West Australians, especially parents, are being urged to mount a campaign
against the State Government's plans to soften cannabis laws.

Liberal leader Colin Barnett yesterday released a report by the party's
drug strategy spokesman Simon O'Brien which showed similar policies in
South Australia had led to growth in organised crime and drug-related home
invasions.

Mr Barnett said the report, Decriminalisation Of Cannabis: The Wrong
Approach, also showed greatly increased availability of cannabis to young
people in SA following changes in its laws and minimal impact on freeing up
the court system. Making cannabis a "little bit legal" was sending the
wrong message to young people, he said, especially when medical evidence
linked its use to mental illness.

"To ignore this evidence and push ahead with decriminalisation would be
madness and I urge the community, particularly parents, to lobby the
Government to abandon its policy," he said.

He said the Government's proposed laws - to decriminalise the possession of
small amounts of cannabis and the cultivation of two plants - was
inconsistent with its other recent legislation targeting organised crime.

In SA, decriminalisation had resulted in organised crime groups providing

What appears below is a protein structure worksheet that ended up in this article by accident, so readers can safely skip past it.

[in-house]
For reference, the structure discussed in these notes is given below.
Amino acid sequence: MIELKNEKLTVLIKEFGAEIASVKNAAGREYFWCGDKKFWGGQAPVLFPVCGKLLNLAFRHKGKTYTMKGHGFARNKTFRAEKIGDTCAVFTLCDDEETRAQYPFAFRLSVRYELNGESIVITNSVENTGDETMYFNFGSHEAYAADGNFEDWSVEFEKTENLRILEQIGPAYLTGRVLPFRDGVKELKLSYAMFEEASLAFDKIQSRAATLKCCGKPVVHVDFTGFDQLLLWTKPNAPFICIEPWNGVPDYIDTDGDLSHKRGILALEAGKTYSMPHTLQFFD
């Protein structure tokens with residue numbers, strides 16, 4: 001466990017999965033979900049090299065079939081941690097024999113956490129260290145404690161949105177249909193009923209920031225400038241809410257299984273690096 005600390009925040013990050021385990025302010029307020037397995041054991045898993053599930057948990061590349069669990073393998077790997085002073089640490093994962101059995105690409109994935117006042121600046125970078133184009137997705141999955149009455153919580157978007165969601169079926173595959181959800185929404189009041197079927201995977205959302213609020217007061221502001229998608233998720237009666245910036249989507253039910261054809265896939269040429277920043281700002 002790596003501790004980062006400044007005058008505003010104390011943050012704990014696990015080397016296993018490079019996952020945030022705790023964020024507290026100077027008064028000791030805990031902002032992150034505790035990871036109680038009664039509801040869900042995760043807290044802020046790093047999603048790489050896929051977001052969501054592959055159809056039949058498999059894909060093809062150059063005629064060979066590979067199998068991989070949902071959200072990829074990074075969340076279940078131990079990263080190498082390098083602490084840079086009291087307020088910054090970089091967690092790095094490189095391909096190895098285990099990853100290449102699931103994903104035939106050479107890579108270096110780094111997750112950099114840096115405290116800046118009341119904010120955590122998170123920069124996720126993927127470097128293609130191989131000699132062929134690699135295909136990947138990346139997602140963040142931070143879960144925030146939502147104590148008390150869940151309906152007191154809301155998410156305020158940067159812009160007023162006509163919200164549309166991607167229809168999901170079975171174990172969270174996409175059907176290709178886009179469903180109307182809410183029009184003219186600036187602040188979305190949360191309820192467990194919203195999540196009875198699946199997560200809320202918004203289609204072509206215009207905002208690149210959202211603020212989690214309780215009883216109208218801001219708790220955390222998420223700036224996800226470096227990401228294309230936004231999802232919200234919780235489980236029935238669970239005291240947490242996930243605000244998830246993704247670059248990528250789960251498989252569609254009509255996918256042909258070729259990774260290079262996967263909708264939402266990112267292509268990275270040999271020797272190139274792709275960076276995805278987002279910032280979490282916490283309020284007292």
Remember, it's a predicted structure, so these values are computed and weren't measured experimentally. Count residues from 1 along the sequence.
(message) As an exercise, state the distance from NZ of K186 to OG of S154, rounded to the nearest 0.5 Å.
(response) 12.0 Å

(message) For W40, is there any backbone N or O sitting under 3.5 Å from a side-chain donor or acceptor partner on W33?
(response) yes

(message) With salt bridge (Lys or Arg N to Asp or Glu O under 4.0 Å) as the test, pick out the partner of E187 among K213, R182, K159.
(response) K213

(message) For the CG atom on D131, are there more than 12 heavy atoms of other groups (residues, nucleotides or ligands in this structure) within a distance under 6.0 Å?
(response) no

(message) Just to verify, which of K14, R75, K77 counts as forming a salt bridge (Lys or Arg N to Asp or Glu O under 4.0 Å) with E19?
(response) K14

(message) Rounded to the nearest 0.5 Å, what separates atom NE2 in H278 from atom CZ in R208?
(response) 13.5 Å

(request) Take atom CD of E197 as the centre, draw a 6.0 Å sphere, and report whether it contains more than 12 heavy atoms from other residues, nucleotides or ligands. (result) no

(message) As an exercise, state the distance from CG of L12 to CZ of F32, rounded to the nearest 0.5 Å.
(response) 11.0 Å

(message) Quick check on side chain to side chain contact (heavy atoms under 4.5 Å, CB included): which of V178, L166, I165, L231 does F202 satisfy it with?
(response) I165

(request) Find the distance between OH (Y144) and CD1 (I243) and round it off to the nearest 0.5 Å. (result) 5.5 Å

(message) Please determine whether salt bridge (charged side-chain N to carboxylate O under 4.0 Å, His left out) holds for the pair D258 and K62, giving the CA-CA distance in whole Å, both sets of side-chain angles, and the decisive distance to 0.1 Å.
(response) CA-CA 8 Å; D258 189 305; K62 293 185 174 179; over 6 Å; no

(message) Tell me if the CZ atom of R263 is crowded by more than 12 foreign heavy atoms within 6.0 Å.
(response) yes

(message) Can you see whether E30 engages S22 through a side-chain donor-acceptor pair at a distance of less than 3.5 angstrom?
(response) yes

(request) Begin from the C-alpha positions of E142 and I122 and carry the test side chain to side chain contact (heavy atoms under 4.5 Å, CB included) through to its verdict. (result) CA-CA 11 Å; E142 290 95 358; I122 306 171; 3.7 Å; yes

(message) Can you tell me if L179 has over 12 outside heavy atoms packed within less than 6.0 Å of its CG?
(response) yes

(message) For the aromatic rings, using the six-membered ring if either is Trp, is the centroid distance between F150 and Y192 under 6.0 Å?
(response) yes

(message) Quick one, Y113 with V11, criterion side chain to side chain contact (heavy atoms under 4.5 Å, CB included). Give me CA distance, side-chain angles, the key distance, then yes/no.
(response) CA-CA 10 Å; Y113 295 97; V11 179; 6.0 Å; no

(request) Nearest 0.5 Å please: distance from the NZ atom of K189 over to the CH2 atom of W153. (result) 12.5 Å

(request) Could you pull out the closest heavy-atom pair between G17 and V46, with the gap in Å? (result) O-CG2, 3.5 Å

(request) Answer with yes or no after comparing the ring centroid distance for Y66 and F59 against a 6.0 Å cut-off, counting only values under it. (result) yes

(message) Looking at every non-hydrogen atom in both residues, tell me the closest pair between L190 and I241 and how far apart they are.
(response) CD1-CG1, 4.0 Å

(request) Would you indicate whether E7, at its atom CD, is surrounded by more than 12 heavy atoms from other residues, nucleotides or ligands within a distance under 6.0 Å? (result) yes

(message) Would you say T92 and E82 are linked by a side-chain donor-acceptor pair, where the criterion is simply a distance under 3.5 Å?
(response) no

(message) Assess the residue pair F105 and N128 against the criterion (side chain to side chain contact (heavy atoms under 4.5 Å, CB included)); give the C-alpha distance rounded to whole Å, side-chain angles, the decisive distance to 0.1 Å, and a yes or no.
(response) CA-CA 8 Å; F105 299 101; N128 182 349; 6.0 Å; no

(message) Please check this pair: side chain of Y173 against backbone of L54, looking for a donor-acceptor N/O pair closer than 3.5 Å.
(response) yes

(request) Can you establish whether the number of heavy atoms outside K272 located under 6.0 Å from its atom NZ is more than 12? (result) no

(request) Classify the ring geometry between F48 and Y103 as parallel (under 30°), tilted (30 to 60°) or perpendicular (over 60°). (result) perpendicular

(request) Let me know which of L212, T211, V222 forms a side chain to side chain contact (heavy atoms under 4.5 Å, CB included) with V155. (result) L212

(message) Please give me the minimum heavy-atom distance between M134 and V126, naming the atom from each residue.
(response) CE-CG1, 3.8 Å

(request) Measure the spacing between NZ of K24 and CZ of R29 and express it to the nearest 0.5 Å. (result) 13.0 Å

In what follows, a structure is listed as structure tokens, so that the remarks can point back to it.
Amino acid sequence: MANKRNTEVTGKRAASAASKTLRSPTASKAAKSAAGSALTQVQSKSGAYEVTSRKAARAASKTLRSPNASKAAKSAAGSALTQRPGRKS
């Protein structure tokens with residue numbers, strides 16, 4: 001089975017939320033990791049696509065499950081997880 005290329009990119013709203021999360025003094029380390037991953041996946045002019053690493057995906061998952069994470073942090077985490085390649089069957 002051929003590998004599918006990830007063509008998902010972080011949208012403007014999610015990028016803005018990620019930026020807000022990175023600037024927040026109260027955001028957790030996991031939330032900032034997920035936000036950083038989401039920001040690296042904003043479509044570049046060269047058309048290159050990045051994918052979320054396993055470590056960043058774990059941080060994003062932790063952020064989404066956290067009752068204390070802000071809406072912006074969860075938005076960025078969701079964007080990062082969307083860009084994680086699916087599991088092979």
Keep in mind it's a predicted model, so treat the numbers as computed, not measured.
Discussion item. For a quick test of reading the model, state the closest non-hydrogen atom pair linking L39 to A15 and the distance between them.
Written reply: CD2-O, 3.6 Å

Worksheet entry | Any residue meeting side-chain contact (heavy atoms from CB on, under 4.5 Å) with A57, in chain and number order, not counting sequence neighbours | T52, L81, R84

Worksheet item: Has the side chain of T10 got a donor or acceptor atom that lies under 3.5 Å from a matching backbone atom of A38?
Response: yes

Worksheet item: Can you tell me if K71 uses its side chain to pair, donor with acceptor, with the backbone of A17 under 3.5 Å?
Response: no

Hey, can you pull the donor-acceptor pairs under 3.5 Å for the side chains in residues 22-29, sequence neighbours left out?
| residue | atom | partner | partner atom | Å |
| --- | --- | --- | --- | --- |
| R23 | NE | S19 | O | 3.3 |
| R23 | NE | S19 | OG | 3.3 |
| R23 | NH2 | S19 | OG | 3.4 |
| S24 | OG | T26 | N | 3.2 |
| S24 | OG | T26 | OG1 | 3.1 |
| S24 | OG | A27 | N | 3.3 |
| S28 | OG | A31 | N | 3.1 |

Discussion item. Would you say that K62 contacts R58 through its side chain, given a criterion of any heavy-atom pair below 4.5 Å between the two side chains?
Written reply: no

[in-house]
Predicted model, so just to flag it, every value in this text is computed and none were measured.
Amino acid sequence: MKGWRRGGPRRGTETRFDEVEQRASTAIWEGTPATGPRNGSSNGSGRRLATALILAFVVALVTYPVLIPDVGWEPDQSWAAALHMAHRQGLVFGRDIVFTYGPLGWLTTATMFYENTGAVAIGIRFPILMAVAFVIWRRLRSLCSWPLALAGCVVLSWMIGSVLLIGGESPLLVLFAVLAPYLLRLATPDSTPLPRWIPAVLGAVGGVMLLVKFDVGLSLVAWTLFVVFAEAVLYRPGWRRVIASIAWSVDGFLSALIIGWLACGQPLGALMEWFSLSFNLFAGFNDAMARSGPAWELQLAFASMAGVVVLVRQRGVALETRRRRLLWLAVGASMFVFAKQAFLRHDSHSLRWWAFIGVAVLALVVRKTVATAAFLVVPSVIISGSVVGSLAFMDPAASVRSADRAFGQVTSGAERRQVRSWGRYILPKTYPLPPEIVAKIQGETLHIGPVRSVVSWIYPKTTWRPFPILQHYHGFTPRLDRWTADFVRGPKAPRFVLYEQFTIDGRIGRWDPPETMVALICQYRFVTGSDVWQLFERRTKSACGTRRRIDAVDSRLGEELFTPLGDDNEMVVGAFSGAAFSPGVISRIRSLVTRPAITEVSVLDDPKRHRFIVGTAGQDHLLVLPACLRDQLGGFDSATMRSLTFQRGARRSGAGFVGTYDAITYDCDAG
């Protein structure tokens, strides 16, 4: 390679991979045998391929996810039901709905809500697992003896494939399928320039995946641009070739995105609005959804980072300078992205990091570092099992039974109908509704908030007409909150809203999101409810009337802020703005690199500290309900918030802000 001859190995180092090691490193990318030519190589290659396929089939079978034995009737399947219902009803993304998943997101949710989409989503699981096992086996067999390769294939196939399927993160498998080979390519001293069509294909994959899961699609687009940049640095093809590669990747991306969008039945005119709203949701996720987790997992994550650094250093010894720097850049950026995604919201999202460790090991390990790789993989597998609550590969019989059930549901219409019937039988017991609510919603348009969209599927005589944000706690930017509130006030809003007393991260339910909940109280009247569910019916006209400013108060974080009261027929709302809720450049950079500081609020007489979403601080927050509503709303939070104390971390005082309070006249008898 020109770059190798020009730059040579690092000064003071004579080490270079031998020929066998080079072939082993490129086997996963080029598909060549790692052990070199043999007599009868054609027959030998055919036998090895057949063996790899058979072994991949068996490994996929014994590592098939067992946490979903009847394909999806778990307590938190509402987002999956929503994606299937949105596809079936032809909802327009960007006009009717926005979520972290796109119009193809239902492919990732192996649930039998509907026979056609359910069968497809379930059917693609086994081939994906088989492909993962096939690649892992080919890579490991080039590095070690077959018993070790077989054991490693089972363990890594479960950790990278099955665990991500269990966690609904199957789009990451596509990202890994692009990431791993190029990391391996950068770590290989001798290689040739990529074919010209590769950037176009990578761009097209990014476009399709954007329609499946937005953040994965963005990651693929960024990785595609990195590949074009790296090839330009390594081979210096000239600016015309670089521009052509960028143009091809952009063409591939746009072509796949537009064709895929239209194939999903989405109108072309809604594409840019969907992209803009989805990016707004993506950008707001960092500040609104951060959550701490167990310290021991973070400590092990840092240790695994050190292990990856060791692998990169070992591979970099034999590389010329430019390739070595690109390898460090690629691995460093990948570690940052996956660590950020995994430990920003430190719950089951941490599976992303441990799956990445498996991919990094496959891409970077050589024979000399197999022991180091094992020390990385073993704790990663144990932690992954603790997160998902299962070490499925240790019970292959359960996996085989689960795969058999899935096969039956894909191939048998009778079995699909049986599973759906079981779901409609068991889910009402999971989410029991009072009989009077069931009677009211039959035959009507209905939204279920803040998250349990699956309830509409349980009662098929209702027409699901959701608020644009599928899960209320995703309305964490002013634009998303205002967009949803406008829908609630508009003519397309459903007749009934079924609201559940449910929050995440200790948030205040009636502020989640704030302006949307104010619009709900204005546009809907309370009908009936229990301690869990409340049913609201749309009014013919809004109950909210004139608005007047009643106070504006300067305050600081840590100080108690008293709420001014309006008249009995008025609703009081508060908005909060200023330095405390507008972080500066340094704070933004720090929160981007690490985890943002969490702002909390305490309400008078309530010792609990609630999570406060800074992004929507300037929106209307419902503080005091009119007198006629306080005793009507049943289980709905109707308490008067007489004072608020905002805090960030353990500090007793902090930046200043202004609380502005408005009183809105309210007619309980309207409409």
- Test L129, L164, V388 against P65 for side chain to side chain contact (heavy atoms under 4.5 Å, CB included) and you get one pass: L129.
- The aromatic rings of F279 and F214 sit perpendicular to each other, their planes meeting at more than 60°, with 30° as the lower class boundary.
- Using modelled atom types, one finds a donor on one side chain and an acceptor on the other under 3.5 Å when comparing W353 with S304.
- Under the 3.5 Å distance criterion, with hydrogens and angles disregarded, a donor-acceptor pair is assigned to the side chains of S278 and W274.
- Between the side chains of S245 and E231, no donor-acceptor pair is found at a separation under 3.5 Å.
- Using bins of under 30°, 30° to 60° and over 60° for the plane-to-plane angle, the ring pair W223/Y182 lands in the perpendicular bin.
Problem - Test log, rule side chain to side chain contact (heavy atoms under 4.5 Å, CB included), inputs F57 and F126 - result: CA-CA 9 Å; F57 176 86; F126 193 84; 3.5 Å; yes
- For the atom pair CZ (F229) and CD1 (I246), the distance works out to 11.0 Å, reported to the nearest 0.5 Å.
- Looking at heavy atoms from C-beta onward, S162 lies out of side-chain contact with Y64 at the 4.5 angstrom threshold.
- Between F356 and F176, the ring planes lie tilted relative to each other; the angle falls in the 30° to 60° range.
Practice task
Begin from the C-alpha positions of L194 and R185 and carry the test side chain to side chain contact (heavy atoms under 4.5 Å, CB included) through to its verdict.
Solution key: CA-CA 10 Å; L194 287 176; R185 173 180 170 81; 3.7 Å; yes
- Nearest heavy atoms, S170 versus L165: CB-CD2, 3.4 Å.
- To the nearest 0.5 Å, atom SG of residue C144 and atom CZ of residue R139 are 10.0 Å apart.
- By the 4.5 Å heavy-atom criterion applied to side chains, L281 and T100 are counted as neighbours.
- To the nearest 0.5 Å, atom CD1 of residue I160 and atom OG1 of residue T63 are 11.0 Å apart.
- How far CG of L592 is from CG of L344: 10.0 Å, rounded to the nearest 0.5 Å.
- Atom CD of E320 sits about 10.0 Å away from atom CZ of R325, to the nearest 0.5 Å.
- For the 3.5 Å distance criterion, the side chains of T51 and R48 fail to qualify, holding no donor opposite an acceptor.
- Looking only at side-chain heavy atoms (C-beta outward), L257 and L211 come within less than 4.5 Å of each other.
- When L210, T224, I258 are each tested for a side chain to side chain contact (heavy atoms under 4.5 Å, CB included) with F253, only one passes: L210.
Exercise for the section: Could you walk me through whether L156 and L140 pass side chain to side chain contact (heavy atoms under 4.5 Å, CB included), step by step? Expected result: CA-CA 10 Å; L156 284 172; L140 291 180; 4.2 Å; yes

hydroponic equipment to individual growers who then got a cut from major
deals, the involvement of bikie gangs in growing cannabis and armed
home-invasions.

Fifty-five per cent of 14-19 year olds in SA had used cannabis compared
with the national average of 45 per cent, Mr Barnett said. The Government
appointed a drug law reform working group after the community drug summit
last August to consider how to decriminalise the possession and cultivation
of small amounts of cannabis. It is expected to report by March 31.

Mr O'Brien, who worked in the Australian Customs Service for 16 years
before entering politics, said a single hydroponically grown plant could
produce up to 1kg of cannabis and could be harvested four times a year.

But an average daily smoker consumed about 520g a year which meant that an
individual could grow 23 times more cannabis in a year than a daily smoker
would use.

Mr Barnett said the hydroponically-grown cannabis being sold today was much
more potent than the cannabis smoked during the 1960s and 1970s.

Premier Geoff Gallop denied the Government was going soft on drugs and said
it would continue to penalise dealers.


Newshawk: puff_tuff
Pubdate: Mon, 11 Mar 2002
Source: West Australian (Australia)
Copyright: 2002 West Australian Newspapers Limited
Contact: letters@wanews.com.au
Website: http://www.thewest.com.au
Details: http://www.mapinc.org/media/495
Author: Liz Tickner